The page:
Concerning total QOLS, overall happiness, and life satisfaction, results of ANCOVAs yielded no significant main effects for work schedules. However, age emerged as a significant covariate for these three variables, and so interactions between work schedules and age were subsequently examined. Means for each of the three variables are presented separately for the two age groups in Table 2, younger and older. These analyses showed that, among night shift workers, the younger workers had less total QOLS (F2,1714=4.01, p<.05), were less happy (F2,1686=3.81, p<.05), and less satisfied ((F2,1602=3.41, p<.05) than the older workers. This was reversed in day-shiftworkers, with the younger day-shiftworkers reporting higher levels of satisfaction, happiness, and total QOLS.
For the Fordyce happiness percent measures, percentage of time being in neutral mood was not analyzed due to multicolinearity in the percentage measures. There was a multivariate trend for percentage of time happy and unhappy to be different between the groups (F2,1678=1.92, p<.10). Univariate tests confirm that night shiftworkers reported more time unhappy than dayshift workers (t=1.97, p<.05) and non-shiftworkers (t=2.53, p<.01).
Analyses on the demands of work measures yielded a significant effect for work schedule (multivariate F12,3308=11.88, p<.01). Univariate tests revealed that this effect was significant for physical effort (F2,1659=55.77, p<.01), physical tiredness (F2,1659=4.01, p<.01) and mental tiredness (F2,1659=3.95, p<.05). Compare to non-shiftworkers, shiftworkers needed more physical effort to complete their work. Moreover, shiftworkers with night shift reported 'being' more physically tired by their work than non-shiftworkers. On the other hand, non-shiftworkers reported 'being' more mentally tired at the end of the day than shiftworkers with night shift.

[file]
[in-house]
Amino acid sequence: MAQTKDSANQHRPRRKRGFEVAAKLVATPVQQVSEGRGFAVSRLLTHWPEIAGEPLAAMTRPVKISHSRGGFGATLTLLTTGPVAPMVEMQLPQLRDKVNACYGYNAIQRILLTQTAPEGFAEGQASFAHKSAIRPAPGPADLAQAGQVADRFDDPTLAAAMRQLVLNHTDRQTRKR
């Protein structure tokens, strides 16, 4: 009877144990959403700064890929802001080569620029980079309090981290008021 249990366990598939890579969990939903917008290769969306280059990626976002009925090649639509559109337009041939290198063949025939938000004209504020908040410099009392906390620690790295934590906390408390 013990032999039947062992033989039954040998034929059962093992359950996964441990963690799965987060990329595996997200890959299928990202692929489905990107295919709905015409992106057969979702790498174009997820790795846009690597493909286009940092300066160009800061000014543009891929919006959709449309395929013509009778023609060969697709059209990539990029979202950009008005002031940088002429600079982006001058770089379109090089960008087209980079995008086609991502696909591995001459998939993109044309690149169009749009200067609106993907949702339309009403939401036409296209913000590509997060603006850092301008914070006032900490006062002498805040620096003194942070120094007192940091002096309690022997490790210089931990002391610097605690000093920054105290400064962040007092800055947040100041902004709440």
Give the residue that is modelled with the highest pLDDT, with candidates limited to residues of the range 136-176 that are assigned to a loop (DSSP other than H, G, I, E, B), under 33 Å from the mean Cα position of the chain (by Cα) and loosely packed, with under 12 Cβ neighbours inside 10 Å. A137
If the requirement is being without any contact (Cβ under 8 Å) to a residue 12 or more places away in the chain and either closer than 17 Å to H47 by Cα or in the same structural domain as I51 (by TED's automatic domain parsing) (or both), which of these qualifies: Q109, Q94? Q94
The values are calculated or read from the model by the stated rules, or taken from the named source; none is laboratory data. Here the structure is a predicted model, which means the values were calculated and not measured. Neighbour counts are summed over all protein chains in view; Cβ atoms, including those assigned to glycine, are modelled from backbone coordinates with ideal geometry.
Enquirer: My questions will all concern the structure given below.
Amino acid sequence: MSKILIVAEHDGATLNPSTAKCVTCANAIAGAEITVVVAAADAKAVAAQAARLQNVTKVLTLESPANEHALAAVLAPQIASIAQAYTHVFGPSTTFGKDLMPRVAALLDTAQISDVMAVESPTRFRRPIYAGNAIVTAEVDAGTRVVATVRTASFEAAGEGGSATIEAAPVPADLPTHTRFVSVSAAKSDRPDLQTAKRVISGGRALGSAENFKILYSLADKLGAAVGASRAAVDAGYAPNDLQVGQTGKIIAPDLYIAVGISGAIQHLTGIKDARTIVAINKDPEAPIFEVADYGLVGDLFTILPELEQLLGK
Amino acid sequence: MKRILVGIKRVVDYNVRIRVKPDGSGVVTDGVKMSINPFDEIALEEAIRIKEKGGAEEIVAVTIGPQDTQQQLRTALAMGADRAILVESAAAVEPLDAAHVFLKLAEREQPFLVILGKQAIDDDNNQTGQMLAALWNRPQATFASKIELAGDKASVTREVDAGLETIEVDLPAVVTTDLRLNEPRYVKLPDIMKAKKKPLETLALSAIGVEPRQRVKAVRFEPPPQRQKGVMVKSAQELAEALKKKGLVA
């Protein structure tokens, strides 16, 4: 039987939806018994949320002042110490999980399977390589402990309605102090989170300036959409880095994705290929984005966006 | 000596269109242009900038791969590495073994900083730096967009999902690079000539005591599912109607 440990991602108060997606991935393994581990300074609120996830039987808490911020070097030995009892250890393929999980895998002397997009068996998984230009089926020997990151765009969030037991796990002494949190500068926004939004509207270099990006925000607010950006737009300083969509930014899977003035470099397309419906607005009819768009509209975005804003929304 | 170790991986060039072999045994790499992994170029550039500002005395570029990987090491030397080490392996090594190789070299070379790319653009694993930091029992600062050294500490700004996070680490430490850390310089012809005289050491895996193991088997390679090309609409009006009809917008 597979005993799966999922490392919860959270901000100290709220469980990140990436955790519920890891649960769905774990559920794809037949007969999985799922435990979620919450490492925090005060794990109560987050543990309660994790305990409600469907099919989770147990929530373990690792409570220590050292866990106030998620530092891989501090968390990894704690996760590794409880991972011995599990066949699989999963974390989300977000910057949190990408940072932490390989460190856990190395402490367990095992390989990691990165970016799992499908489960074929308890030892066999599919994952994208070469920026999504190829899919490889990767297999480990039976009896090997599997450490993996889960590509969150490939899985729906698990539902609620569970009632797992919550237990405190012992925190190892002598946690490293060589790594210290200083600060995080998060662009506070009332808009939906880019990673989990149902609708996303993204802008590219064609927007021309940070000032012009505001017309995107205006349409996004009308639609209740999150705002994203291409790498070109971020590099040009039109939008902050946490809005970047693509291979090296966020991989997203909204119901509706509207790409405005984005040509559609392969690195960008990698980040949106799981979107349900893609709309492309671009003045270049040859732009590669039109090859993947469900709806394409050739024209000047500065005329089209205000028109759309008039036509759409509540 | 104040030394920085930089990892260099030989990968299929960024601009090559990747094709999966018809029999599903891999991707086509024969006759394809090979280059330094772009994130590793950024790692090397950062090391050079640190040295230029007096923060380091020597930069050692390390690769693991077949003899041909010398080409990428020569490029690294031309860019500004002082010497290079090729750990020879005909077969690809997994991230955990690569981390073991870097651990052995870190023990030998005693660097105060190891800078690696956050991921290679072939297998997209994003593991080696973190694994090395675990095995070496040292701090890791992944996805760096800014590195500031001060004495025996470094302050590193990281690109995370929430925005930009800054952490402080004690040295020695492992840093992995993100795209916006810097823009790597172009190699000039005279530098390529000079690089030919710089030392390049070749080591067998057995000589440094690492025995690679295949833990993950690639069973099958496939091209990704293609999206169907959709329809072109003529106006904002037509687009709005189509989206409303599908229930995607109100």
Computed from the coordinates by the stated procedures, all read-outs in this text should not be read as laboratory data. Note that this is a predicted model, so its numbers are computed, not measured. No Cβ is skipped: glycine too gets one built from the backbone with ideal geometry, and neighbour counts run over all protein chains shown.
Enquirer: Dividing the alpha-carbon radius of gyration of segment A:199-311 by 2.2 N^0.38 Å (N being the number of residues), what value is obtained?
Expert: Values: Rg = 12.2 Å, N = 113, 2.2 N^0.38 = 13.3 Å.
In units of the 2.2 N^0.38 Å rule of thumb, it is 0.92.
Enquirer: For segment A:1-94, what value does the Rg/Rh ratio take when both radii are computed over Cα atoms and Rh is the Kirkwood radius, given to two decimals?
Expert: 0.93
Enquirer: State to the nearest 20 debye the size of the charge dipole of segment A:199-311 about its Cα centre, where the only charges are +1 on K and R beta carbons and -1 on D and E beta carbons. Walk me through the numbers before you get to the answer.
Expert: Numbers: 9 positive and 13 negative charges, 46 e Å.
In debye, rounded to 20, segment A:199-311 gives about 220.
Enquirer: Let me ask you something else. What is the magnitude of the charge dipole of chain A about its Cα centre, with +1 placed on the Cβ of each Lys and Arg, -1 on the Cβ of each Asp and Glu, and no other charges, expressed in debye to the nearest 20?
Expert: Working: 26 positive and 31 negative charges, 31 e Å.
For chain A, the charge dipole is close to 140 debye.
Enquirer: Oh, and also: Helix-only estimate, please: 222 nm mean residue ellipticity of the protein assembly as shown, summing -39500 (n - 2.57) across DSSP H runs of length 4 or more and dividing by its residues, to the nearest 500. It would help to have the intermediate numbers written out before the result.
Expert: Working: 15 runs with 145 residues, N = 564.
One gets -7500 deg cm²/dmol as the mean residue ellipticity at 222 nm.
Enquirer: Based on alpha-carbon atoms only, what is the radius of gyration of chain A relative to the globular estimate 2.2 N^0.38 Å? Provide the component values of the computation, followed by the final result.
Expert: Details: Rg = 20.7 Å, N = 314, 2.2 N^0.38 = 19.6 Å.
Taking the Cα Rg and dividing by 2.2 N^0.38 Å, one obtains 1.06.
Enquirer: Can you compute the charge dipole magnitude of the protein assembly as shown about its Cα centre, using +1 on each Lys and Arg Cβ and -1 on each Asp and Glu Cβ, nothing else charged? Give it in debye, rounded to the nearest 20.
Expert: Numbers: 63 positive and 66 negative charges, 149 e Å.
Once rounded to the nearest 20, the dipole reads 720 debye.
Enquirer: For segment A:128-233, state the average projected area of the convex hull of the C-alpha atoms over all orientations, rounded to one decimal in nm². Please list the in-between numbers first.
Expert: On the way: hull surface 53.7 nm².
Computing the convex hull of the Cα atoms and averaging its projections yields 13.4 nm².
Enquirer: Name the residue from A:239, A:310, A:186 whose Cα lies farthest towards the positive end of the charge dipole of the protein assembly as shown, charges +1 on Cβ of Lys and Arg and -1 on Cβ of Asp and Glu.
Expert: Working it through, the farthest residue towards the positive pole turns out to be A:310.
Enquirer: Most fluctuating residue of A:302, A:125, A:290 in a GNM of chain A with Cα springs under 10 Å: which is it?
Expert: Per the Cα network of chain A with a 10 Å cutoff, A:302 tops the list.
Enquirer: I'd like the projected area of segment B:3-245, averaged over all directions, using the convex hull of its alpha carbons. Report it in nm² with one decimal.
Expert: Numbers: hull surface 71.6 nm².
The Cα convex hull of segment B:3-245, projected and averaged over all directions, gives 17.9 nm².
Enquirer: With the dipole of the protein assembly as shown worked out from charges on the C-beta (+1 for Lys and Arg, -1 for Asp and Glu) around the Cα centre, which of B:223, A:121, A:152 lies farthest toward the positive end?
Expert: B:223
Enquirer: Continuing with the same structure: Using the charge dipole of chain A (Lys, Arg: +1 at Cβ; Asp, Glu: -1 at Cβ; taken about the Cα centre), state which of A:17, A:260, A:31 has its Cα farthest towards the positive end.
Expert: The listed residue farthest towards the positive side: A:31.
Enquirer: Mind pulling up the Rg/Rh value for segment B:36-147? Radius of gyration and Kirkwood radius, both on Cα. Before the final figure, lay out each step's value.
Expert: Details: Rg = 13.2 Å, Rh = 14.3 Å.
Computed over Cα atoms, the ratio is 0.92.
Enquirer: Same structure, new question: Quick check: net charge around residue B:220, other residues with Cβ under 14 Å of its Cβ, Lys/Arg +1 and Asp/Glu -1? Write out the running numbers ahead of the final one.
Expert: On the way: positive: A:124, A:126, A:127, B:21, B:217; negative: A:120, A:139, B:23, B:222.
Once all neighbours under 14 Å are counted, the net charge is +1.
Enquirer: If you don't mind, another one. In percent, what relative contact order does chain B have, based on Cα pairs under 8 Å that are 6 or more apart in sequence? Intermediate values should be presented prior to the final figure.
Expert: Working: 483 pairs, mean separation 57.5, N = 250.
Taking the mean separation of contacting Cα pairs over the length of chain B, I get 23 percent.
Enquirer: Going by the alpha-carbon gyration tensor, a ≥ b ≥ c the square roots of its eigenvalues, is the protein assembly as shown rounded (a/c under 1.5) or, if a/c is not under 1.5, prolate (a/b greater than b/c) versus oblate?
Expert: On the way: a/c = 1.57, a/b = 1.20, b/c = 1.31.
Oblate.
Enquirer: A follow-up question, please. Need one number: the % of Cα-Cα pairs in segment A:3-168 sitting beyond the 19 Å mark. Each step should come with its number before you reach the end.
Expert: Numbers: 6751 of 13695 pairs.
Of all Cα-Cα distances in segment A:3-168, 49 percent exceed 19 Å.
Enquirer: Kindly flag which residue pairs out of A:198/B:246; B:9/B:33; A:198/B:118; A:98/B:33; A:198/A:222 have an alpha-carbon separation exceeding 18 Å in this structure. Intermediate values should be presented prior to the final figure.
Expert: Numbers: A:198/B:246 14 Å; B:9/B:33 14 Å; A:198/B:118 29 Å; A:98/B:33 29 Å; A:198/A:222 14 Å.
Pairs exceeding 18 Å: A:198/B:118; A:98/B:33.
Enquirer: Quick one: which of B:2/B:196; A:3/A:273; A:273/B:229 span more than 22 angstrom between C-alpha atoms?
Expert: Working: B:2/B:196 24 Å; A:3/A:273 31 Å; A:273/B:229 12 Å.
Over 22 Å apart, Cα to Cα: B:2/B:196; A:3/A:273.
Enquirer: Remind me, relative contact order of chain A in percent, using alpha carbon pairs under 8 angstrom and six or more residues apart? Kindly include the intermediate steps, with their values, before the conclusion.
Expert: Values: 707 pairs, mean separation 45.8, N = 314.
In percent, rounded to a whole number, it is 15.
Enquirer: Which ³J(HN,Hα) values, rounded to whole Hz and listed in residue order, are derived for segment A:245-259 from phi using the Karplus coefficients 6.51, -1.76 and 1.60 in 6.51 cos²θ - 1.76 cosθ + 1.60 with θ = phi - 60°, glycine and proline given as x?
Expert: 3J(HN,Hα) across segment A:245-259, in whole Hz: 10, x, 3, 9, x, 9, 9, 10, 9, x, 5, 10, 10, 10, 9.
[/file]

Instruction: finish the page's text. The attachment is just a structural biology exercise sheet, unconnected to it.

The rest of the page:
Shiftwork was shown to have negative consequences on social and domestic life. This research brought additional answers to questions about how working in shifts affect workers' lives, by examining the quality of specific domains of workers' lives and subjective well-being.
In our study we were interested in nine areas of life, which are grouped around three domains: 'being', 'belonging' and 'becoming'.14,15 The most important and satisfying area of life, as rated by all three groups, was 'being': how they feel about their physical and psychological health, personal values and spiritual beliefs. Taking care of themselves appears to be a priority in workers' lives. Besides that, workers felt to have the most control and opportunities for improvement in that domain. On the other hand, workers in each group found the 'becoming' area least important and least satisfying. This area refers to activities they do in everyday life to achieve personal goals, aspirations and hopes. However, the lowest quality of life in the 'becoming' domain did not match the lowest ratings of control and opportunities in that domain. The least control and opportunities were found in the 'belonging' domain for all groups of workers. It seems that workers' connection with the environment, either physical or social, provides less control and fewer opportunities compared to other areas of life.